North by North Korea

There was a sense of outrage about it...

Outrage that these women had been victims of a hack—a breach of privacy.  Just a few weeks ago we were all talking about it: “the celebrity nudes."  A horde of pictures that hackers had somehow foisted their hands on—private photos taken by individuals in the privacy of their own homes.  Targeted by hackers because these individuals were celebrities.

The breach echoed around the Internet.  We heard from security researchers.  We heard from technology bloggers.  Was Apple to blame?  Were all of our pictures at risk?  Should I change my password?  Should I go through the complicated handshake of enabling two-factor authentication?  Should I heed the warning of moralizing morons who suggest that I not do or say or even so much as think anything I don’t want going public?  

But finally, the story settled around us and our reaction.  There were those on the Internet who looked at the photos.  There were those on the Internet who refused to look at the photos.  And then there were the victims: "how dare you,” they said.  And they were right.  We all knew they were right.  How dare you look.  Respectable news publications refused to print the celebrity photos.  It wasn’t a hard decision to make: nude photos aren’t usually printed.  But it was a decision and it felt like the right one.  

Flash forward a few weeks and we find another hack.  This one larger—but no less private.  Here are the private emails, the private email addresses—the private thoughts and statements of celebrities.  Everything, that is, except their privates.  And suddenly: it’s fair game.  Everyone is looking.  Everyone is printing.  Nobody—or at least, very few of the victims are standing up to say: “how dare you.”  Respectable news publications even defend their actions: the breach of privacy isn’t a breach of privacy, they say: it’s a leak.  Leaks are important.  Leaks are in the public interest.  

The story once again ricochets from topic to topic: is Hollywood racist?  Are women underpaid?  Is Scott Rudin an asshole?  The tech crowd speculates on the hackers and their “demands” that a new film on Kim Jong-un be scrapped.  Are they linked to North Korea?  Yes?  No?  Maybe?  Who cares: Angelina Jolie was called a brat by a movie producer.  Breaking news!  

Today, we learn it was North Korea.  We learn that theaters are refusing to show the film.  We learn that Sony is caving to these rogue demands—the film will be canceled.  And now—just as before—the story is shifting back to us.  How are we reacting?  Should we really cave to terrorist demands?  Don’t we believe in freedom and democracy and standing our ground?  Is this what it means to be an American?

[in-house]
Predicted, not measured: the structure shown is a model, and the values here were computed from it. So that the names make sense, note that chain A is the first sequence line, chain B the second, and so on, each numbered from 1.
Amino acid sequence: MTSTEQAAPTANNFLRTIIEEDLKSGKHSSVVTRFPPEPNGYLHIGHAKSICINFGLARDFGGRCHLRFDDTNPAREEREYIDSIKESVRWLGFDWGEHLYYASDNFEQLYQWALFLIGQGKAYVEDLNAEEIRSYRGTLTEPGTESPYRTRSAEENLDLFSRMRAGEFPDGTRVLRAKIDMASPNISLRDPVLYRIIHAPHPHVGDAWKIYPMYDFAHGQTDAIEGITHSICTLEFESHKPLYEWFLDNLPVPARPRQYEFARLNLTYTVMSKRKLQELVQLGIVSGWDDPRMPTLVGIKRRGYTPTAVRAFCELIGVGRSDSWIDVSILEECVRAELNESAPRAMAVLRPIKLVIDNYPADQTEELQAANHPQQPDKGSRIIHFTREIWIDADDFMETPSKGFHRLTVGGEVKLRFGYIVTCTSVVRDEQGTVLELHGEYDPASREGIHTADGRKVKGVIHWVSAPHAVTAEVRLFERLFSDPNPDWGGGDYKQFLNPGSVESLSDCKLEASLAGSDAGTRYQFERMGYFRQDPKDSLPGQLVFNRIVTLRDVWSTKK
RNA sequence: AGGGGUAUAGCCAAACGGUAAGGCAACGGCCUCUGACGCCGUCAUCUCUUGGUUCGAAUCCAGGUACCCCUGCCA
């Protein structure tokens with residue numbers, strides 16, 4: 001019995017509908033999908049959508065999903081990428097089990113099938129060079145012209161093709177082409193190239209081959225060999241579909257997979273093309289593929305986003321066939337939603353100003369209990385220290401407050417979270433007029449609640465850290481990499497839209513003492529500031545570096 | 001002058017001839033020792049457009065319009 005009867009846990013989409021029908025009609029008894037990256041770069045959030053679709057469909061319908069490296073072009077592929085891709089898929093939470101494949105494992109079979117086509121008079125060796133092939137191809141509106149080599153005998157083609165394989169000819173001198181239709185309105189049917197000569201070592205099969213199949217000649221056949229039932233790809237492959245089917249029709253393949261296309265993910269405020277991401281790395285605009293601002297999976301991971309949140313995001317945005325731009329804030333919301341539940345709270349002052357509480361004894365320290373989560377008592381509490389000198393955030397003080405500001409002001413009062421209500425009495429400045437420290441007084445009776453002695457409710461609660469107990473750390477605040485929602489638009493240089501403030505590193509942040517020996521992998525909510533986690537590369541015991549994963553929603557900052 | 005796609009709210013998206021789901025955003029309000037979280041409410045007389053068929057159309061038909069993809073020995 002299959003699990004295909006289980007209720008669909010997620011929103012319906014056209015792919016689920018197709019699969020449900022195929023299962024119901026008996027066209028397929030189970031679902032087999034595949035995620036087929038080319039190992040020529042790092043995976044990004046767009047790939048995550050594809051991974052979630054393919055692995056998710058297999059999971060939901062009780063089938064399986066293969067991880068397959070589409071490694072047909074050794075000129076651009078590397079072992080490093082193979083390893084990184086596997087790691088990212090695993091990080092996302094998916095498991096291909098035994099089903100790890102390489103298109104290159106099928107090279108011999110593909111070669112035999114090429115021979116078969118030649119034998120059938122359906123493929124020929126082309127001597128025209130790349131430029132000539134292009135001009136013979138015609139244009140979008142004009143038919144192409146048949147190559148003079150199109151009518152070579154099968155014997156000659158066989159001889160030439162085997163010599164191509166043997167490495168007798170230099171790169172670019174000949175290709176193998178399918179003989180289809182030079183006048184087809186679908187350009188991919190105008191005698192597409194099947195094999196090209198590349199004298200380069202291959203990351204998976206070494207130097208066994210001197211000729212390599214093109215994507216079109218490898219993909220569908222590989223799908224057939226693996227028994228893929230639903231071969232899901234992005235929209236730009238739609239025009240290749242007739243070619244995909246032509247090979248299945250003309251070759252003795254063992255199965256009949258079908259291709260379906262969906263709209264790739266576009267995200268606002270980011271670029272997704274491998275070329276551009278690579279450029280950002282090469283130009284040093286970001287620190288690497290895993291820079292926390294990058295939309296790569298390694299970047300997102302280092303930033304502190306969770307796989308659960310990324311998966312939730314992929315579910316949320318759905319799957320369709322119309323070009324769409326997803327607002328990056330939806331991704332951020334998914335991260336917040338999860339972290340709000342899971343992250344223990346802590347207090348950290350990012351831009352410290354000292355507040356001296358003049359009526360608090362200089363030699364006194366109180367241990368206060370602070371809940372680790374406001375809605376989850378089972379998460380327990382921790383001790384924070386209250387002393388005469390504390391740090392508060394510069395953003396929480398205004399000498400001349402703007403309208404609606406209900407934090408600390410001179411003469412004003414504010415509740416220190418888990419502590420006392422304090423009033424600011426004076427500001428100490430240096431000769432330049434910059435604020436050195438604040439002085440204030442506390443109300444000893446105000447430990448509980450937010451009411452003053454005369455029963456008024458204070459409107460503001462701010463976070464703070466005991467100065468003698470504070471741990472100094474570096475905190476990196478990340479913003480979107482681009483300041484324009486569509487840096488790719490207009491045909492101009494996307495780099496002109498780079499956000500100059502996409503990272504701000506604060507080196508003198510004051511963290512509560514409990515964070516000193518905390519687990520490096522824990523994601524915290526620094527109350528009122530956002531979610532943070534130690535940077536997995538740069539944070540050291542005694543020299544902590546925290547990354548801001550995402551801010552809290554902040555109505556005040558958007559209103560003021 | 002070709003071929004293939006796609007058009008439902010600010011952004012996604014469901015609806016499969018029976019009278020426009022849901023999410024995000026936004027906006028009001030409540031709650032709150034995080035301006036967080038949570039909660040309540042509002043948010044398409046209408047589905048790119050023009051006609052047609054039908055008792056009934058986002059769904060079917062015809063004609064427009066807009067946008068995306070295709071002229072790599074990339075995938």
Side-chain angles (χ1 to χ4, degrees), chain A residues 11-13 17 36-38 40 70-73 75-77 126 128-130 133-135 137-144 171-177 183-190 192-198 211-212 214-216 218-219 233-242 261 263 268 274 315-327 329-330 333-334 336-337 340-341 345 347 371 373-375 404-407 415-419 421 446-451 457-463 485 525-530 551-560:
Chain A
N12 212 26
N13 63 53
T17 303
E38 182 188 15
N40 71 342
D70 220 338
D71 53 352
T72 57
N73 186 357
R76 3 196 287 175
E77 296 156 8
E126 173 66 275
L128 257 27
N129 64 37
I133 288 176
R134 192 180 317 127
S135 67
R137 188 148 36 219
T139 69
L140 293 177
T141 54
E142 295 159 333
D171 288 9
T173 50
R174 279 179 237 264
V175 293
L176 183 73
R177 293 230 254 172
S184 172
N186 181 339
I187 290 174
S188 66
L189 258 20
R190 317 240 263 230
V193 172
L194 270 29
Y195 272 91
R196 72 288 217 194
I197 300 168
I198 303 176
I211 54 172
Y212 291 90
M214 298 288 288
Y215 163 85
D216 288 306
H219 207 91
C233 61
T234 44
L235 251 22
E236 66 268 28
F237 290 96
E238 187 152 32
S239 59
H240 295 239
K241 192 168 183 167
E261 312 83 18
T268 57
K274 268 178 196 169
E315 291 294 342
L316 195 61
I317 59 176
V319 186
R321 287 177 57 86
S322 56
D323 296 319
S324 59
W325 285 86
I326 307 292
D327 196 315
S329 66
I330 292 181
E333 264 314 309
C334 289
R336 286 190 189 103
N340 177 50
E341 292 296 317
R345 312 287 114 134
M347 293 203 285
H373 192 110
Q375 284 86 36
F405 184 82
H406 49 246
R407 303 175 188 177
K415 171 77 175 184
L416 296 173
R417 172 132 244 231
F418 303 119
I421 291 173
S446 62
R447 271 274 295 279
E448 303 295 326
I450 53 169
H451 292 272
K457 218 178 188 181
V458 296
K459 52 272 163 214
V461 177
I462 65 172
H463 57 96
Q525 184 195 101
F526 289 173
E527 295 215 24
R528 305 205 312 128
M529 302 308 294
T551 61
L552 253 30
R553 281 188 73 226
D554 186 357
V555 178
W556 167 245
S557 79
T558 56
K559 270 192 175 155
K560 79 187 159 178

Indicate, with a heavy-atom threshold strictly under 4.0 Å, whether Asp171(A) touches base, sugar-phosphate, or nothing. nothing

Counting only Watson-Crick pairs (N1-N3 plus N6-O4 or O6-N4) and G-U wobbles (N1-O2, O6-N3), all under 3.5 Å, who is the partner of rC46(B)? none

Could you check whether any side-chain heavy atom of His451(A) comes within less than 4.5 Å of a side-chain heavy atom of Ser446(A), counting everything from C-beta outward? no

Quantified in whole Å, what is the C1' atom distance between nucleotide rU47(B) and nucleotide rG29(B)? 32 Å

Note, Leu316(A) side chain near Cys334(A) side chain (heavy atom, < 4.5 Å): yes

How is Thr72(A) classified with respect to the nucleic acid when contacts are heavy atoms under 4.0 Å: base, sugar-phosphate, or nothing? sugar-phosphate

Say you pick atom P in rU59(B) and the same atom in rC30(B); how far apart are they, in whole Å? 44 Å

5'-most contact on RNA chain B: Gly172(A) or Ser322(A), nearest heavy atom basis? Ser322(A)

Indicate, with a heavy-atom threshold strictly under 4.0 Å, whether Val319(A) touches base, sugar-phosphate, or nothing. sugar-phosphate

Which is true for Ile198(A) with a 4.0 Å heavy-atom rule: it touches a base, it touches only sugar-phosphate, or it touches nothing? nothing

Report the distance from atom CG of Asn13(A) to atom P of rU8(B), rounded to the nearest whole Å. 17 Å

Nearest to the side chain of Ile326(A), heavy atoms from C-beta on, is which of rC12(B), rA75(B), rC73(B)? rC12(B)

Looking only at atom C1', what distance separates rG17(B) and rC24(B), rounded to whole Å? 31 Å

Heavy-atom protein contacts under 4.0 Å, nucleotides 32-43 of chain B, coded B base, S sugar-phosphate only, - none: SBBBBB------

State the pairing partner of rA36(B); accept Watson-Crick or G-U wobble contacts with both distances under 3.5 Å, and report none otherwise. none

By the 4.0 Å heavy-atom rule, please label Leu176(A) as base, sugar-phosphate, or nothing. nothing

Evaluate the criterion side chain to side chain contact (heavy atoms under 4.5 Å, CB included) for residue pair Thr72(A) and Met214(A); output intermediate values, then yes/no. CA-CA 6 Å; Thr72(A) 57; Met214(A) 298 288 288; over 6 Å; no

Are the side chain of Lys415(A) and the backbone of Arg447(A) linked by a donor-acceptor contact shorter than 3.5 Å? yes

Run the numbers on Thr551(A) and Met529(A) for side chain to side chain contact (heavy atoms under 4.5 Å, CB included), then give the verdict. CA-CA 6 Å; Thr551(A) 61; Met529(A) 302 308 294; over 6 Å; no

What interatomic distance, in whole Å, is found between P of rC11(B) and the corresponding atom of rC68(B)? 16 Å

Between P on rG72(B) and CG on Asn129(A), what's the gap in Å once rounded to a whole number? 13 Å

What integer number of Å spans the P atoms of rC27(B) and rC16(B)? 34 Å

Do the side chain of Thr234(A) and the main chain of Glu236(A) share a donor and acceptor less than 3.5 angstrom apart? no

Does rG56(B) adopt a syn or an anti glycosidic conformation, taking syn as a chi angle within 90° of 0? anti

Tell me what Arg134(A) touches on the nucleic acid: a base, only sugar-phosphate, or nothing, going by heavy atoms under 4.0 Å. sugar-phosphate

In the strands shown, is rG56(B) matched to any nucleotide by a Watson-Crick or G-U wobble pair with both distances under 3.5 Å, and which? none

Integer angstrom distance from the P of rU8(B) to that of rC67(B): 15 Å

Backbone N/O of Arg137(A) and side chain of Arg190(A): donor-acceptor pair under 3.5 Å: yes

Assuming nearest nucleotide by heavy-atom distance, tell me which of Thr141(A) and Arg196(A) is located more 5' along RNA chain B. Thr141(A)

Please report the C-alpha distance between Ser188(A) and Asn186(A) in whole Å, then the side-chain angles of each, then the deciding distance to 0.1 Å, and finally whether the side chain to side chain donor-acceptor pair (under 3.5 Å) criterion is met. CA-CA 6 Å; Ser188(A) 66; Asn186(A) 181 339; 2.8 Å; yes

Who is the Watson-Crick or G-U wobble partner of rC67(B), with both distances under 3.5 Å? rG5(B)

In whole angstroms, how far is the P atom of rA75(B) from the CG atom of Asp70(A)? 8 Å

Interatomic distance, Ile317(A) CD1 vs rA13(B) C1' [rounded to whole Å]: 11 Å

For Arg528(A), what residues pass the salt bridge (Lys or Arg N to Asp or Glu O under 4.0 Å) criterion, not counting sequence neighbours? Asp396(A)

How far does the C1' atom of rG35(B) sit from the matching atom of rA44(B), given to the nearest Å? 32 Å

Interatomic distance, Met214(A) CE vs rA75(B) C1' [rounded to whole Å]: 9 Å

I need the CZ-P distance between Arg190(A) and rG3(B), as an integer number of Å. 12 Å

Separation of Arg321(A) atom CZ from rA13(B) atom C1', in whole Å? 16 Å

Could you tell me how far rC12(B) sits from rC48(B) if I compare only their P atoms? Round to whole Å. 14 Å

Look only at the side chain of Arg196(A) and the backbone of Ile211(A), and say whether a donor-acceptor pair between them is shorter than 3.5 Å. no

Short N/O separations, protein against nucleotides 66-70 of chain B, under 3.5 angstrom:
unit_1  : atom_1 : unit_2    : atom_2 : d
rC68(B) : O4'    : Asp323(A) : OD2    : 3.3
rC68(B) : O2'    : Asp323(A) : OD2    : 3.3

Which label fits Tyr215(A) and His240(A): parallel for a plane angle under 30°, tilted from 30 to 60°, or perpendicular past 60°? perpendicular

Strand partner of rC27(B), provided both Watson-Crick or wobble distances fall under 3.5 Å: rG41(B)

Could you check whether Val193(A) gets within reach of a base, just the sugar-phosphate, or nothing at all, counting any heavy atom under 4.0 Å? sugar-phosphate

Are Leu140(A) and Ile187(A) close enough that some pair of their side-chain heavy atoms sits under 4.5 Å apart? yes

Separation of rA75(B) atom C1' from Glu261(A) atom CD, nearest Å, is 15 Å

And yet—before we caved to those demands, before this story was about America’s eminence, before—even—the funny PPTs spilled across the Internet, somebody’s privacy was violated.  Lots of somebodies, in fact—and like gleeful little second graders, we squealed with laughter at the victims of a crime.  I’m not saying that right now—as Sony pulls the film—we shouldn’t be asking ourselves what it means to be an American.  All I’m saying is: why weren’t we asking ourselves that when the story started?  Why weren’t we treating this breach of privacy—this crime, this terrorist attack—with the same respect and moral certitude that we applied to the photo hack?  

This is the beginning of a new era of hacking.  Hacking to fulfill every political, social, and personal aim you can think of—from the basest to the most ideal.  And we’re going to see a lot more of it: technology is simply moving too fast to keep intruders out.  So they’re going to get in; they’re going to get their hands on what they want—but whether they get what they want will depend in large part on us.  On how we react.  

It won’t always be easy—it won’t always be a clear-cut decision: with the Pentagon Papers on one side and celebrity nudes on the other.  But in the future, as we get better at this, my hope is that we realize every hack is a test.  It’s a test not of our security systems or our forensics teams or our national security policy: it’s just a test of us.  Who do we want to be?  The squealing second grader, gleefully poring over stolen goods?  Or a more mature citizen of society—someone who recognizes that there’s a victim’s world at stake here.  Even if the victim is a brat.  Even if the victim is an asshole movie producer—they deserve better from us.  We deserve better from ourselves.